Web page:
Be non-judgmental, open-minded, and understanding. Try not to minimize their feelings. Say “it sounds like it was really scary” instead of “it couldn’t have been that bad”. Avoid suggesting how they should feel. Expect a wide range of feelings. Don’t press for details.
Tell them that you believe their story. Offer a calm and accepting response. Convey a sense of hope. Tell them that your feelings for them have not changed as a result of hearing this.
Remain calm, attentive, and concerned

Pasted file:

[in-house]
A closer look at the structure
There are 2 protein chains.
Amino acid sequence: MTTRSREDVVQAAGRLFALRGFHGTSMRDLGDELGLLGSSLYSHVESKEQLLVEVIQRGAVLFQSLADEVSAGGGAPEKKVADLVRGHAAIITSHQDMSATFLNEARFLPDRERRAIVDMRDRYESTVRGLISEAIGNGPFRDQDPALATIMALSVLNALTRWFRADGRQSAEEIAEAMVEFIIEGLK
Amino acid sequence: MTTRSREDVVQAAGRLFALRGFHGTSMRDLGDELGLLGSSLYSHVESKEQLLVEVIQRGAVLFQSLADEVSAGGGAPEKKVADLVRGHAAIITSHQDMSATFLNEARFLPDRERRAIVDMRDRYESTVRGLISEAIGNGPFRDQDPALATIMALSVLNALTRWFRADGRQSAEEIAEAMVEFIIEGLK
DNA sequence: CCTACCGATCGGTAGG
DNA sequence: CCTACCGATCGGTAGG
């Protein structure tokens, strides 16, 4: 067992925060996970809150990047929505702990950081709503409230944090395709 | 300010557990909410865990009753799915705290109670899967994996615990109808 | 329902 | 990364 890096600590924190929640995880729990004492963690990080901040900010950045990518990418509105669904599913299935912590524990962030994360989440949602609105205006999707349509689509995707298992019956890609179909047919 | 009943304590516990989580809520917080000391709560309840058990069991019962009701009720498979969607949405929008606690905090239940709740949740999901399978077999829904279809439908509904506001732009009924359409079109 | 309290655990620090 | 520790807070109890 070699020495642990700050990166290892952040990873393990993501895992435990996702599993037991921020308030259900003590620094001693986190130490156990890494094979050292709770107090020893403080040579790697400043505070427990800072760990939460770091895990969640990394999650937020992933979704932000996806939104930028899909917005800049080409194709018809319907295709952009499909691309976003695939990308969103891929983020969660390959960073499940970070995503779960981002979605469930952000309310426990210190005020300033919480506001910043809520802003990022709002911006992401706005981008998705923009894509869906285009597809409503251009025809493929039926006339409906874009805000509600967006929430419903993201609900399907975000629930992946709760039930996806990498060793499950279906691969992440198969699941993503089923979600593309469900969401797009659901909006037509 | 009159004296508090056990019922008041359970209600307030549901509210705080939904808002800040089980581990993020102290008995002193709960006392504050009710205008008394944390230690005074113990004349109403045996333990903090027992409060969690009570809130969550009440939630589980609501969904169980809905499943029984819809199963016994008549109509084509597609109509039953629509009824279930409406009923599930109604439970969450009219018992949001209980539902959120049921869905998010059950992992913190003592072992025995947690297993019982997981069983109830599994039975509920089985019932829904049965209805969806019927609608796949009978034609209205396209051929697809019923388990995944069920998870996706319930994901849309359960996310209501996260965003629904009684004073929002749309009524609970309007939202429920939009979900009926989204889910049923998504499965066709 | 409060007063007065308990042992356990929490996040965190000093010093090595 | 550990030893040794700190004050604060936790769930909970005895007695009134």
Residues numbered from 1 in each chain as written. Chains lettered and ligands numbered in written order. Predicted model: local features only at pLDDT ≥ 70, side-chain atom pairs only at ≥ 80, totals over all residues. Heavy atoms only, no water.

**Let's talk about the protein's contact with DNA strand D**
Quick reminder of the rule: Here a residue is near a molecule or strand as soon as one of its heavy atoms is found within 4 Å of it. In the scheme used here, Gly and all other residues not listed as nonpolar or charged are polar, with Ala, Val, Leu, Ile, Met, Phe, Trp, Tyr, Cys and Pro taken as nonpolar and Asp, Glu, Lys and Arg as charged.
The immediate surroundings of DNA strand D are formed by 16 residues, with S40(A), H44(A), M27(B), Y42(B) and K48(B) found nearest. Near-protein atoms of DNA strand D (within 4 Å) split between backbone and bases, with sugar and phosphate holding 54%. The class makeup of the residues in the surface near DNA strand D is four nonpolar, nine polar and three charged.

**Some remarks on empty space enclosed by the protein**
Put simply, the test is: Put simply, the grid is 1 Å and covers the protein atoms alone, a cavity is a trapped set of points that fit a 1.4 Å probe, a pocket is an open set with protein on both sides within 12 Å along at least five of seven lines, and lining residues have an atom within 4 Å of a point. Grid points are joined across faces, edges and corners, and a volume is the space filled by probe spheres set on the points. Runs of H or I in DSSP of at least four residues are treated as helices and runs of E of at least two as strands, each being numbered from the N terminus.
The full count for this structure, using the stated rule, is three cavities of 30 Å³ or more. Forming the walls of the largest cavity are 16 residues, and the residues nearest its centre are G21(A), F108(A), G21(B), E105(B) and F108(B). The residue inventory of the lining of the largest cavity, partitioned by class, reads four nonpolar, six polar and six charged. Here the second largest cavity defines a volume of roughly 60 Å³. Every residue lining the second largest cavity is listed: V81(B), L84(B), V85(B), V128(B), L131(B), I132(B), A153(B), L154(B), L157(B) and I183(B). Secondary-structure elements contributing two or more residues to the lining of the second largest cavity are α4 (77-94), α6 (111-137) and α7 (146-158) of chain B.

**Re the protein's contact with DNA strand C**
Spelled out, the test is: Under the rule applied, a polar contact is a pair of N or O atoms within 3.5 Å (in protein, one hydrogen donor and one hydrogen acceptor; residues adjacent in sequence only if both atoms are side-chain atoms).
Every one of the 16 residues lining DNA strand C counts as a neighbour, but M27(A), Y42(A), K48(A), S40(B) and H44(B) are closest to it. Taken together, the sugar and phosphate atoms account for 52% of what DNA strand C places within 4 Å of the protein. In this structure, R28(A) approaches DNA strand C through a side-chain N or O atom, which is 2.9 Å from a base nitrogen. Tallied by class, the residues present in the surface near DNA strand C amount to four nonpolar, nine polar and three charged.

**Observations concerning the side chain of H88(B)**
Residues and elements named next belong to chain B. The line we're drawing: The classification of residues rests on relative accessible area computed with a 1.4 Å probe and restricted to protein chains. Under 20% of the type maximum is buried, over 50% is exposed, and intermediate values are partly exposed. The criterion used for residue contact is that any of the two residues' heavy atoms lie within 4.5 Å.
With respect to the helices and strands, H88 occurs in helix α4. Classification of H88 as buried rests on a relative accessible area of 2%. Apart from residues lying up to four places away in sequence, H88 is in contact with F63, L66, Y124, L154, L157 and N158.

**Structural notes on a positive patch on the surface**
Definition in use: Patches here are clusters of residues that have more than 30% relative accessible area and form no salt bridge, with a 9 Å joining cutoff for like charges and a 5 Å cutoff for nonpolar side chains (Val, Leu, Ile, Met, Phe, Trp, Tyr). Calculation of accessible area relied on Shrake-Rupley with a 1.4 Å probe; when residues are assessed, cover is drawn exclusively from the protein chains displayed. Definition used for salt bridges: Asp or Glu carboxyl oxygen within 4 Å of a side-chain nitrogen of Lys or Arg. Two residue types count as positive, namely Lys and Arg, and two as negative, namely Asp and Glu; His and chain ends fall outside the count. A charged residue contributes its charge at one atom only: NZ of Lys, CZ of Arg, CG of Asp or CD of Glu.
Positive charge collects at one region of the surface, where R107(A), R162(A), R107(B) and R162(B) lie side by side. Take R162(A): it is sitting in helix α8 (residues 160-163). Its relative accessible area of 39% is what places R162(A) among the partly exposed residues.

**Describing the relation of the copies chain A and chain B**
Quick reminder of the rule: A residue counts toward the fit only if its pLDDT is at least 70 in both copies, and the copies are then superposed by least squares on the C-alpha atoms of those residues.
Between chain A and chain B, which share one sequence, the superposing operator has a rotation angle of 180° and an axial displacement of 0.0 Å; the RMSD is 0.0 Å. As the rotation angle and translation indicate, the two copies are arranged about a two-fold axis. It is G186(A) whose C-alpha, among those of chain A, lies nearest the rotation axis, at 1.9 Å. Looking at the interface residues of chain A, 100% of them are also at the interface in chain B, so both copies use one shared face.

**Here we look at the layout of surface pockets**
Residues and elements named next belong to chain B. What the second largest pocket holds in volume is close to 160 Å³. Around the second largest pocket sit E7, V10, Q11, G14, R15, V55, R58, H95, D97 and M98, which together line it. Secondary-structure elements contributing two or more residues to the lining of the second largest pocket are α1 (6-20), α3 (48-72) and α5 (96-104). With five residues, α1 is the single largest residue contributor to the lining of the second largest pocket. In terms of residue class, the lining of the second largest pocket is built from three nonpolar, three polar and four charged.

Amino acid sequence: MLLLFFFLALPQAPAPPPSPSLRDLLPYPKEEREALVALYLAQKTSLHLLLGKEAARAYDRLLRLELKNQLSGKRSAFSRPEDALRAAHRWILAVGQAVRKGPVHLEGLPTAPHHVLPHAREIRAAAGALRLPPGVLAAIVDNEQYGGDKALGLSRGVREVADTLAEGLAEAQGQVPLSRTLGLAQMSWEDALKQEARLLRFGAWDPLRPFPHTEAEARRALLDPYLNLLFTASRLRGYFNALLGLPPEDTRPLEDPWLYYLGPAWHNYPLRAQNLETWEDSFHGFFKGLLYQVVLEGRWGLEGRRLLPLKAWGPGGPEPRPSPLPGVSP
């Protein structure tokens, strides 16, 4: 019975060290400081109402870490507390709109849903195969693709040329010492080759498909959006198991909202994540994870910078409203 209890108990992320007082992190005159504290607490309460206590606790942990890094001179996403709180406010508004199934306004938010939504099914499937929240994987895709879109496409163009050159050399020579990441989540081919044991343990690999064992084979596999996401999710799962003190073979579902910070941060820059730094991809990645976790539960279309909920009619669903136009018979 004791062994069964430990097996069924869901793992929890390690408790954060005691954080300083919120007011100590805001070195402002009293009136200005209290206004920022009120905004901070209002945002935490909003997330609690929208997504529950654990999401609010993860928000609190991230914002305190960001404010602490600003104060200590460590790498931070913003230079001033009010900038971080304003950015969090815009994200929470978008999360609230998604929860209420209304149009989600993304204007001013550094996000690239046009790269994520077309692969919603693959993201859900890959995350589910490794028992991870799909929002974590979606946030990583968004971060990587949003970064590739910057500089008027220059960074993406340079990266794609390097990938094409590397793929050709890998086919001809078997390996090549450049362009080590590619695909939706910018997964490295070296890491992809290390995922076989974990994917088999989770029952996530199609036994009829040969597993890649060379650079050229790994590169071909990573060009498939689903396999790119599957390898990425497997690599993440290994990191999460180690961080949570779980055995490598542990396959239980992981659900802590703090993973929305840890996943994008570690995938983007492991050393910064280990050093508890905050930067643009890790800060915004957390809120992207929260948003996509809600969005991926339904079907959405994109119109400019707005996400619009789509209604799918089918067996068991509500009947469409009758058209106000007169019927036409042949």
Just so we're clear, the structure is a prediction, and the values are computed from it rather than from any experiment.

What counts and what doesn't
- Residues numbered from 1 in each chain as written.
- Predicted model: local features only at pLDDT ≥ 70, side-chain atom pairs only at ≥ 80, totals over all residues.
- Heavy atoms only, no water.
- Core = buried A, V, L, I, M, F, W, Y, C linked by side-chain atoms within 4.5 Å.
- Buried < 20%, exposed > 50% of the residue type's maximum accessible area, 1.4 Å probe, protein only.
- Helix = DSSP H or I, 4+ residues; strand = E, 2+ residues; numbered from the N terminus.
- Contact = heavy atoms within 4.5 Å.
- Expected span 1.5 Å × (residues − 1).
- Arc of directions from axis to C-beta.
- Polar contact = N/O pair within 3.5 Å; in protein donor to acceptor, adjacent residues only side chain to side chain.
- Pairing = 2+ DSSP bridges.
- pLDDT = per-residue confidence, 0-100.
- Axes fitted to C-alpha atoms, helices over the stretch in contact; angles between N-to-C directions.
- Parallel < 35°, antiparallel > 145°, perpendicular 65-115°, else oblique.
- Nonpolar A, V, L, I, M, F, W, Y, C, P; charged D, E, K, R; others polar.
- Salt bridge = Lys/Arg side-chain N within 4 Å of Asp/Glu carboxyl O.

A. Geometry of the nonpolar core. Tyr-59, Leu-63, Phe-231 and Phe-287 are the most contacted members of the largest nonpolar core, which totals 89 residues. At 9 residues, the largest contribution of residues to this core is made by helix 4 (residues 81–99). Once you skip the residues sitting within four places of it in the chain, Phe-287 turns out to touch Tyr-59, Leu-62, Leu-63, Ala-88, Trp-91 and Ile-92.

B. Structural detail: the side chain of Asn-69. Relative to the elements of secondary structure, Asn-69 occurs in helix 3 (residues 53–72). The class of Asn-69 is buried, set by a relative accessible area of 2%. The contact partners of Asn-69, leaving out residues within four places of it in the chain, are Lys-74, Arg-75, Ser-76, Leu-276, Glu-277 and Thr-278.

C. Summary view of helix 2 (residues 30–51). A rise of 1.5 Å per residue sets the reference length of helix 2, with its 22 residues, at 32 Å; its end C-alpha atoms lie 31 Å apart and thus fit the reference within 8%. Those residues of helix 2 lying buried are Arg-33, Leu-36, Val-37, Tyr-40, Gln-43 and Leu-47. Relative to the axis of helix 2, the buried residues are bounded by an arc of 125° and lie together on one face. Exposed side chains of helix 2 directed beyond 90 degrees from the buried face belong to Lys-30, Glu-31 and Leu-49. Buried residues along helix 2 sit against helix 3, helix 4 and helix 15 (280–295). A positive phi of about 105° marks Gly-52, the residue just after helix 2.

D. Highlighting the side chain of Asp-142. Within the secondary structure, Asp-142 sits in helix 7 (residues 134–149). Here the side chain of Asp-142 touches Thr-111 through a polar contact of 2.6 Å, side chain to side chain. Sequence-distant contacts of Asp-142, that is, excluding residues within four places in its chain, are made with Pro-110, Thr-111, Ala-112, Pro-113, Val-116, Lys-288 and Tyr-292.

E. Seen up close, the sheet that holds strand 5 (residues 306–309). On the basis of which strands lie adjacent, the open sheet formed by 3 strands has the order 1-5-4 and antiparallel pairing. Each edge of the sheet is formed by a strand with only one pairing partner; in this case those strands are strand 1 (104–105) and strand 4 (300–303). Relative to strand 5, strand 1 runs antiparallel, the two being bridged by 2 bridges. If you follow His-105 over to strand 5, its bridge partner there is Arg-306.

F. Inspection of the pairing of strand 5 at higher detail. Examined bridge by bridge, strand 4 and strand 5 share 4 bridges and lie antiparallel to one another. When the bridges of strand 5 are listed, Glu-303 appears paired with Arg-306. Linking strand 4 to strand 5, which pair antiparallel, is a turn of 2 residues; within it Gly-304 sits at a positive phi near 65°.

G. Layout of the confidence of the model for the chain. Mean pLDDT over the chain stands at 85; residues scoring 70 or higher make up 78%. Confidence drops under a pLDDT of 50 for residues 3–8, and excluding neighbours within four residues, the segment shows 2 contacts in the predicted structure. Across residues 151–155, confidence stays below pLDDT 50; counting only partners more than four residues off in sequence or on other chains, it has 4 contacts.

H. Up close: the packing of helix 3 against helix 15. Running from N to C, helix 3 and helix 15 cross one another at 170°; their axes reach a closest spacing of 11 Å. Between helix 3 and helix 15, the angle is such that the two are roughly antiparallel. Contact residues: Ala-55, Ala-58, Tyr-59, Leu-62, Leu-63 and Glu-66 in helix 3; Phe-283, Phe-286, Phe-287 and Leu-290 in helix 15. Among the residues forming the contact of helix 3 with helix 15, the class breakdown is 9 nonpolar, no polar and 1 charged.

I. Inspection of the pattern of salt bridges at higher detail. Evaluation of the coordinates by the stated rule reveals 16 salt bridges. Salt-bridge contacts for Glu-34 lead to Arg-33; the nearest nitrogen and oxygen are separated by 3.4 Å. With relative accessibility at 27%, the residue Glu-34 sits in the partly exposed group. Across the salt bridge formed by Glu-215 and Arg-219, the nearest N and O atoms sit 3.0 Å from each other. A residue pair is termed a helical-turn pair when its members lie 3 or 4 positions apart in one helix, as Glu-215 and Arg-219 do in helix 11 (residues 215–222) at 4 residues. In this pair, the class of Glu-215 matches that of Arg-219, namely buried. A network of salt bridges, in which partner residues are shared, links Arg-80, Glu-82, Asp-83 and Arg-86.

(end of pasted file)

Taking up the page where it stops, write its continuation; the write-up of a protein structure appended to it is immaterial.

Let them be in control and resist the urge to over-protect. Don’t tell others without asking first.
Accept that you can’t fix it. Learn about the issue so you can better understand their experience. Recognize that healing will have it own pace. Learn about resources (crisis lines, assault centres, counselors) for your friend.
Take care of yourself
Recognize and respect your own limits. Find a supportive person to talk to. Practice self-awareness. Accept that you can’t fix what happened.
For more information or to access support for yourself, get in touch with the Victoria Sexual Assault Centre by clicking here or calling (250) 383-3232.